More coal is rolling out of the pro-Trump Western Slope, but is it adding up to any jobs?
The coal carved from deep under pristine forests in the last surviving West Elk Mine is bound for other countries to be burned. Environmentalists, worried about global warming, are steamed. But laid-off Colorado miners see the trains as a signal that they might get back to work.
Those train cars reflect a roughly sevenfold increase from two trains a week last year, when statewide coal production hit record lows. Colorado mines produced about 12.8 million tons of coal in 2016, down from 18.7 million the year before, according to Colorado Division of Reclamation, Mining and Safety data. Since 2004, coal production is down 67 percent. Coal jobs have dwindled to about 1,200 statewide from 2,118 in 2003, when Colorado ranked among the top U.S. coal producers.
Even coal industry executives acknowledge the rise of wind, solar and gas as cheaper, cleaner alternatives that employ more workers and questioning whether a comeback is possible.
Yet the rumbling, clanging and flashing lights as coal trains snake down the valley promise otherwise — music to many in western Colorado, where coal once sustained a solid middle class. Tourism hasn’t paid as well, and residents are resisting a full embrace of the marijuana boom. Voters here strongly backed Trump after his Oct. 18 campaign rally in a Grand Junction airport hangar, where he promised to put coal miners in Colorado back to work.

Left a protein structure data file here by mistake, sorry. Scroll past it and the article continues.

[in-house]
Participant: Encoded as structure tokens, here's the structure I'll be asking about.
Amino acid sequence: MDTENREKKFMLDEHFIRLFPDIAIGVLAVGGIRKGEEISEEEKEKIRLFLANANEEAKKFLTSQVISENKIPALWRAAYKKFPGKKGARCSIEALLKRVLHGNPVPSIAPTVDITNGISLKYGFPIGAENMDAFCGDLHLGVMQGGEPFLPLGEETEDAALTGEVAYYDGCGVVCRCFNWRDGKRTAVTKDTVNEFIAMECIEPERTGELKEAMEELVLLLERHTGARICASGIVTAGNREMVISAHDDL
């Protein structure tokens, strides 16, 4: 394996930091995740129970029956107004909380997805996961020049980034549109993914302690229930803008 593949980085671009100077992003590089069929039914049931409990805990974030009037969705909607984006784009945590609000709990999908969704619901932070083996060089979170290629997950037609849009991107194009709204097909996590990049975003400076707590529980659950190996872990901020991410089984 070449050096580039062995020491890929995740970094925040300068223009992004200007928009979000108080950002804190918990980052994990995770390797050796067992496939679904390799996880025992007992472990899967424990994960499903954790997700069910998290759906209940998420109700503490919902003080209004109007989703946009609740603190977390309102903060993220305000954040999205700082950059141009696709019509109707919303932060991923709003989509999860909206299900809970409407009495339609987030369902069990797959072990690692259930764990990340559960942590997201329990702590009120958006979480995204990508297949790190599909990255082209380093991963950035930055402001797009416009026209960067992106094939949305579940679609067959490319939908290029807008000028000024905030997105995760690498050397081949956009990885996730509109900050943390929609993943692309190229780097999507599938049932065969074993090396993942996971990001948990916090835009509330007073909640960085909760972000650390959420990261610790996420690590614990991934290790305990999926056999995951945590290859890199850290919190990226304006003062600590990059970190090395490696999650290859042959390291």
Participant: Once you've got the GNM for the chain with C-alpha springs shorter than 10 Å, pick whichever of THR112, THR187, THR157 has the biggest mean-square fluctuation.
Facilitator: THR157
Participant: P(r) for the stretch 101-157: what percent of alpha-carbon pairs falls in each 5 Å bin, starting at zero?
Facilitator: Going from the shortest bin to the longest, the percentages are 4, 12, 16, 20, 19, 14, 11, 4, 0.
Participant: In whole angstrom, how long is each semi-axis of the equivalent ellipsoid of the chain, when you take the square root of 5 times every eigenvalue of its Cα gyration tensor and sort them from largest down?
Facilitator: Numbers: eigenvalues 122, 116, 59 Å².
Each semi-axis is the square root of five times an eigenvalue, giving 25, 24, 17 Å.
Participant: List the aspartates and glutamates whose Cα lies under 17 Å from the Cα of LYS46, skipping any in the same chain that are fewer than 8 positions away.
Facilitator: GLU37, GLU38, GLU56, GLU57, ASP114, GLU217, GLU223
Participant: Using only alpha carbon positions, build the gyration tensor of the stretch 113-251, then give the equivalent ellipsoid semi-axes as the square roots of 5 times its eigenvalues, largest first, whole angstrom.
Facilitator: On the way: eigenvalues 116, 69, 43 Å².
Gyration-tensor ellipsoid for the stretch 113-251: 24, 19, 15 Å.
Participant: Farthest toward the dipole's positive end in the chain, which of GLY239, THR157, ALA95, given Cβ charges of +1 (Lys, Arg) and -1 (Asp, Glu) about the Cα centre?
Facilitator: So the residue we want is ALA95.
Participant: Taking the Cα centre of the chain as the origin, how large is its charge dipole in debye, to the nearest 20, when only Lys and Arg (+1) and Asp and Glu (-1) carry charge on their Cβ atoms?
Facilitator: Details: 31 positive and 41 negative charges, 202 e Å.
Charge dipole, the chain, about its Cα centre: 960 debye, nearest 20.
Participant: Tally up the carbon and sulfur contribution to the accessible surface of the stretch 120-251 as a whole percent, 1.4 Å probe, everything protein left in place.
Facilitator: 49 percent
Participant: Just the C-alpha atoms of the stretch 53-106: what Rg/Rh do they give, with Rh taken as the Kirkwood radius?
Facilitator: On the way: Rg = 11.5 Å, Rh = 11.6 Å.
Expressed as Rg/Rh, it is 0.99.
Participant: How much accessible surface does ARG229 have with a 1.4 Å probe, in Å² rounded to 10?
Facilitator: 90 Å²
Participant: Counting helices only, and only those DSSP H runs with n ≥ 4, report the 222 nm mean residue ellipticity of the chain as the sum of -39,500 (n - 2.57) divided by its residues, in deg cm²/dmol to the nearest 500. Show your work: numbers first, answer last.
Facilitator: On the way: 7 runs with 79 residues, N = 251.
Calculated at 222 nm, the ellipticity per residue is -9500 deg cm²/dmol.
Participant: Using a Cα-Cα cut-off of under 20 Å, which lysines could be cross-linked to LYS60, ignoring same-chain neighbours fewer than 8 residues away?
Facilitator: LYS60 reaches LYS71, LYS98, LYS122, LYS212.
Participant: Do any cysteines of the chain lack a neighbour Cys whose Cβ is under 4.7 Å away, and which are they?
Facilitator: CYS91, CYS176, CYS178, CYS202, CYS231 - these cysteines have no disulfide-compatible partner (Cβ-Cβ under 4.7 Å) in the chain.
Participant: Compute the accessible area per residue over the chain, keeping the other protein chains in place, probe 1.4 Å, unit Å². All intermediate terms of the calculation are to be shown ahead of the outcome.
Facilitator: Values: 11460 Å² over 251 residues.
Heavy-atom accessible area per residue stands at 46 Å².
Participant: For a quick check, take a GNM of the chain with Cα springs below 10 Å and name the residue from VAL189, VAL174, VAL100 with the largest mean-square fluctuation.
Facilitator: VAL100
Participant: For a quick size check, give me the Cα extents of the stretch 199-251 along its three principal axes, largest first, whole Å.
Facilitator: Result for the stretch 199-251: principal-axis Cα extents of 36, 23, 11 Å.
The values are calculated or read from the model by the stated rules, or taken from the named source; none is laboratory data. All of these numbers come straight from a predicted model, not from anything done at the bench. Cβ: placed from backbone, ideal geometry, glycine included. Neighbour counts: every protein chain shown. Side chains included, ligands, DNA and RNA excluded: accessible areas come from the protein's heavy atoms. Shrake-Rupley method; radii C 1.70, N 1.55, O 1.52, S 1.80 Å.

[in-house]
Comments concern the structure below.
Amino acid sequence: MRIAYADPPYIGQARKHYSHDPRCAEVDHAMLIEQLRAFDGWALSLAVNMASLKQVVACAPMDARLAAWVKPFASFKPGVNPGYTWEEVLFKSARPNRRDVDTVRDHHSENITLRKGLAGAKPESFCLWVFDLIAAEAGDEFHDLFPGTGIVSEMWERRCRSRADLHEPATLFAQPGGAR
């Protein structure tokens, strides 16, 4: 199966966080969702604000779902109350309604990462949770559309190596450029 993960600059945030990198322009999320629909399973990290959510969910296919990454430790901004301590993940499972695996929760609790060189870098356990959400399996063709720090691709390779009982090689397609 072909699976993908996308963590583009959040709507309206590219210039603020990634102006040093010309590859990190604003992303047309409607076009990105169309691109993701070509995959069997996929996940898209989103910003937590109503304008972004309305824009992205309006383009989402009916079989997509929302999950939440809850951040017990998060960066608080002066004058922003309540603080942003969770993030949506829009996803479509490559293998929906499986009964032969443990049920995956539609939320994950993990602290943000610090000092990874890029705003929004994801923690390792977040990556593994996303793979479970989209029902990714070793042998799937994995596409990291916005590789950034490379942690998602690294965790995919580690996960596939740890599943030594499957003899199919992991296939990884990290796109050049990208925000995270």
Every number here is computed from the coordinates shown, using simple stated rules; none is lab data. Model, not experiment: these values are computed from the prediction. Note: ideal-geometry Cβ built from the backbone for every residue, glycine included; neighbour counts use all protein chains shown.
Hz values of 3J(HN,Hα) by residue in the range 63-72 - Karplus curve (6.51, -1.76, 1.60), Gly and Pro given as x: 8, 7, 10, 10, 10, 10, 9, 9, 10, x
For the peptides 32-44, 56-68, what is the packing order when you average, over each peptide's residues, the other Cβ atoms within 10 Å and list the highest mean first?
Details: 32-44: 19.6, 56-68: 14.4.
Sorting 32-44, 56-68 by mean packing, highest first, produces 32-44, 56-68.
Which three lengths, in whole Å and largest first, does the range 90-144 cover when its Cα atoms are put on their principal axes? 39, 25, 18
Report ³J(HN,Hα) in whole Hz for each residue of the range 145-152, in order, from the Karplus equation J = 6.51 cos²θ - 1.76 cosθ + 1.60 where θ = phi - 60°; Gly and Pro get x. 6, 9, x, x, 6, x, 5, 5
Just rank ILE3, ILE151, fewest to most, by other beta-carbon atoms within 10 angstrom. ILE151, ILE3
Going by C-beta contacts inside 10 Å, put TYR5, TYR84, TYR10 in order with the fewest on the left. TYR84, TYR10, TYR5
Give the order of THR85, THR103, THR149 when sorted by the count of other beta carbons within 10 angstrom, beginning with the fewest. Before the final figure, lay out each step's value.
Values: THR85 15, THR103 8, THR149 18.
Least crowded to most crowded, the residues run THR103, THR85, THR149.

“My husband and I love that man. It’s going to be a good year,” Hotchkiss Inn manager Kris Bartol said, sharing her cellphone videos of Trump. She and her husband, Andy, miss the income they once had from mining contractors who rented a block of rooms.
Over the past few months, the number of unemployed miners trekking into the Compliance Staffing Agency, which helps mines fill positions, has tripled to 15 a week, CSA president Steve West said. “Some are just not finding anything else. They’re saying that, with Trump, they might find work now. They think the industry might be coming back.”
Starting her sedan in Somerset, coal miner’s daughter Myrna Ungaro lamented how, after two mines closed last year, “this valley died, the shops, the restaurants.” Yet now the loaded coal trains soothe and inspire her in her own search for work, Ungaro said. “This is the way it’s supposed to be.”
There are indeed signs. West Elk manager Jim Miller has hired a few miners, mostly temporary, bringing the workforce to about 220. Corporate parent Arch Coal emerged from bankruptcy in December. Federal forest managers, pressed by Colorado officials, finalized an exception to the nation’s rule for protecting “roadless” forests, clearing an obstacle for the West Elk Mine to expand and produce more coal.
Arch Coal spokeswoman Logan Bonacorsi confirmed contracts locked through the first half of this year supplying “international markets.” Arch and West Elk officials wouldn’t say more.
Any expansion is likely to face resistance.
“Mining and burning more coal will mean more smog, more toxic mercury in the air, more needless methane emissions and more climate pollution,” EarthJustice attorney Ted Zukoski said. “We’re going to continue to oppose coal mining that puts our forests, wildlife and climate at risk.”
Colorado Mining Association president Stan Dempsey said Trump’s drive to dismantle environmental regulations will be crucial. “We’ve bottomed out. We’re seeing a stabilization in Colorado. We’re seeing a slow increase in production. If we don’t see any more boneheaded policy decisions, such as Colorado’s 2010 Clean Air Clean Jobs Act, then coal is going to make a strong recovery.”